Monday, August 23, 2010

Condolence Phrase Frequency

The most popular condolence phrases was:
I'm sorry for your loss, or
I'm sorry to hear about your father
This came from most everyone, but more from Israelis and the religious.

The next most popular condolences were the traditional Jewish ones:
May God comfort you (among the mourners of Jerusalem and Zion) / may you be comforted,
May his memory be a blessing, or
Blessed be the true judge
One non-Jewish friend offered the first one of these to me.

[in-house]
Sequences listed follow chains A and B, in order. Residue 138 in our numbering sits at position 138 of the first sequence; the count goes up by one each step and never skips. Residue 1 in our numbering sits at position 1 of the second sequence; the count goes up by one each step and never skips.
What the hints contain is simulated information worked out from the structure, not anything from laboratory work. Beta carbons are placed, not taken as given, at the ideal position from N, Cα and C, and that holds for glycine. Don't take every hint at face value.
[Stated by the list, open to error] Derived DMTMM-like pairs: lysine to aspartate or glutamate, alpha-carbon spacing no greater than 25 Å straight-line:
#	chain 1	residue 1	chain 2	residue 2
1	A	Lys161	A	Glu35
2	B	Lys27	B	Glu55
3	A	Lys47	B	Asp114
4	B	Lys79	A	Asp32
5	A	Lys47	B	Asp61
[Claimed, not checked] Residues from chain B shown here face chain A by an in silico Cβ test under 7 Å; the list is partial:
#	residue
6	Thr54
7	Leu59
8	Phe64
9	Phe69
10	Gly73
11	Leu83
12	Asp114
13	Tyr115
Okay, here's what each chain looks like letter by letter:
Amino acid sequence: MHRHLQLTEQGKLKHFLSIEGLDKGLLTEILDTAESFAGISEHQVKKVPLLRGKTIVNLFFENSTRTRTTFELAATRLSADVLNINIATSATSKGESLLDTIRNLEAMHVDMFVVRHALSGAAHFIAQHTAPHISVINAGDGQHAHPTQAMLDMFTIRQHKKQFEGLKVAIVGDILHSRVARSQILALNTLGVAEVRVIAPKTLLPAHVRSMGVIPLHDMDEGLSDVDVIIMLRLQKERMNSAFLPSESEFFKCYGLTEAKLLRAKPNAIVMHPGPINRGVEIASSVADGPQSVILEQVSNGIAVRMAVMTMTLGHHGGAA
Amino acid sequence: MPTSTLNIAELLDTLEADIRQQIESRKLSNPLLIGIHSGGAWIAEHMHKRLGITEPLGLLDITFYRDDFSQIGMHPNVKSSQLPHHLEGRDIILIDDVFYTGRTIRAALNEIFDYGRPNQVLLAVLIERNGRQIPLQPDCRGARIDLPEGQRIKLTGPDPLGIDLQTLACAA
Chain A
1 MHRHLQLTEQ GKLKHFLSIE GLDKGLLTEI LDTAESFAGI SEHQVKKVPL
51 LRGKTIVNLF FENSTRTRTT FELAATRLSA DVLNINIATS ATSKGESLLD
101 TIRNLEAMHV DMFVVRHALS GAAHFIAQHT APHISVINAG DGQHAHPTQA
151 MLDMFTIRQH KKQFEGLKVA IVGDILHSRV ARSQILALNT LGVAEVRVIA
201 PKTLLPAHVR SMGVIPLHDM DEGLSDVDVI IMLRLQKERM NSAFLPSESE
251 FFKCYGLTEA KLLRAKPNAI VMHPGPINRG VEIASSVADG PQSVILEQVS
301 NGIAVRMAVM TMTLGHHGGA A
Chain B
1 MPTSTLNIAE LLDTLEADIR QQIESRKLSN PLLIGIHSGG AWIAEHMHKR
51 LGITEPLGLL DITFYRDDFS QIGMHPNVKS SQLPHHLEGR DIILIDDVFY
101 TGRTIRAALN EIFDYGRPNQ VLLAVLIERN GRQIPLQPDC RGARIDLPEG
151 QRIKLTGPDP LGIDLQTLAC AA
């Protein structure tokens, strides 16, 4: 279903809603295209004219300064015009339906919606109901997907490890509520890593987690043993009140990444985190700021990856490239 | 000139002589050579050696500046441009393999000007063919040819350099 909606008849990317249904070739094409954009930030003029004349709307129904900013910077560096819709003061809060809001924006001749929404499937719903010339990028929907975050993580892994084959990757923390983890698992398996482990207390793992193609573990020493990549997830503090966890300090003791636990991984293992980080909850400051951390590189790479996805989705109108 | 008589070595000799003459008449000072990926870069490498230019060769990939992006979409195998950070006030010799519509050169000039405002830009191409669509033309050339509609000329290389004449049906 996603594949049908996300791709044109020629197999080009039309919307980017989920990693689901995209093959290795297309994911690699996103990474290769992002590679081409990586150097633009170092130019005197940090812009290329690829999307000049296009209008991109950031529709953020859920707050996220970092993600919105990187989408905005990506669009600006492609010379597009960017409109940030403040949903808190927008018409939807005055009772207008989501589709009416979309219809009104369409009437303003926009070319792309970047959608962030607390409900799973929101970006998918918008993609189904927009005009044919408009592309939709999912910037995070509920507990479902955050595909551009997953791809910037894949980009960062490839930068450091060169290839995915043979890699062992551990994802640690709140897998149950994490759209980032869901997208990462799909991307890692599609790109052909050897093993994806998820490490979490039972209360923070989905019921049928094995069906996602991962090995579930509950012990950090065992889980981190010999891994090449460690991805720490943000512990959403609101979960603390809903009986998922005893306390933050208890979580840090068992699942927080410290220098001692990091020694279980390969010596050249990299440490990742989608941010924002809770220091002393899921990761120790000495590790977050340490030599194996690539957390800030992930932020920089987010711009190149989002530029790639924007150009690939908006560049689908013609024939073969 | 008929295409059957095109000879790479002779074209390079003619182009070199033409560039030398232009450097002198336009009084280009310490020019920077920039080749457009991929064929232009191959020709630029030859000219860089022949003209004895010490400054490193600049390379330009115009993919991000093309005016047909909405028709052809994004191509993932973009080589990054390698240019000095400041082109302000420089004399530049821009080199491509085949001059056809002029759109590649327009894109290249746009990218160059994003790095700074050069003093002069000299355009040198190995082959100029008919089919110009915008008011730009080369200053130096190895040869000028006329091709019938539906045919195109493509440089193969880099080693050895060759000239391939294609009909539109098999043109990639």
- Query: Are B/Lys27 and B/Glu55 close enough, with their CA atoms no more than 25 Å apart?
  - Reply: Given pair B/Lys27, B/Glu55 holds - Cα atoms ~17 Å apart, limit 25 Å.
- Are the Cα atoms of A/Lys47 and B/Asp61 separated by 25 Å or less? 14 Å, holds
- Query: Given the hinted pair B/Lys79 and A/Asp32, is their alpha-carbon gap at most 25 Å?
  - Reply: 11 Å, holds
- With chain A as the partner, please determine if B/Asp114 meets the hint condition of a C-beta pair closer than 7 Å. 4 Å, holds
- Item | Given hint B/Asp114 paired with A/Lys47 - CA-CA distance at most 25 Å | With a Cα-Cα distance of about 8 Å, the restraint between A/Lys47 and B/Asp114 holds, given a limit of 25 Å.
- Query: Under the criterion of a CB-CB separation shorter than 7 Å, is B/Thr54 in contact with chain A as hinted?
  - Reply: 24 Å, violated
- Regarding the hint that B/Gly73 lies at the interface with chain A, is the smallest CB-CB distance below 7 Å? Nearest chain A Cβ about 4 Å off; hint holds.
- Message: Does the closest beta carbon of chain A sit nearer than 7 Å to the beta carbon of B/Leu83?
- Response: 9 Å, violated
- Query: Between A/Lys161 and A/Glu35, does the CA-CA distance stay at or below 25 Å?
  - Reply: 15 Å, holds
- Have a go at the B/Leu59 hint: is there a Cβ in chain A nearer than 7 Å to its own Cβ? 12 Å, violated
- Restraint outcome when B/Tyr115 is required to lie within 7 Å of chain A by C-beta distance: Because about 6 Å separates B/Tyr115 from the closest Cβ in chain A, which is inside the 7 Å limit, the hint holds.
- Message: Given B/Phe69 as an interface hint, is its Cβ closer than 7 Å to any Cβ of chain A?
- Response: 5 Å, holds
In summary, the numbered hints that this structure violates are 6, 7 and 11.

In third place was the phrase:
Please accept my condolences / sympathies / commiserations
Strangely, only Jews offered this version. The last one was offered by one weird friend.

The least popular was:
My thoughts / prayers are with you
I thought this was going to be in second place, but I was wrong. This phrase was offered only by Americans: non-religious Jews or other friends (the "prayers" variant by religious Christians).


Oddly, no one offered this (apparently deprecated) form of condolence:
Our hearts go out to you during your time of sorrow
Nor any other form of heart, e.g. "you are in our hearts". Hearts appear to be passe.
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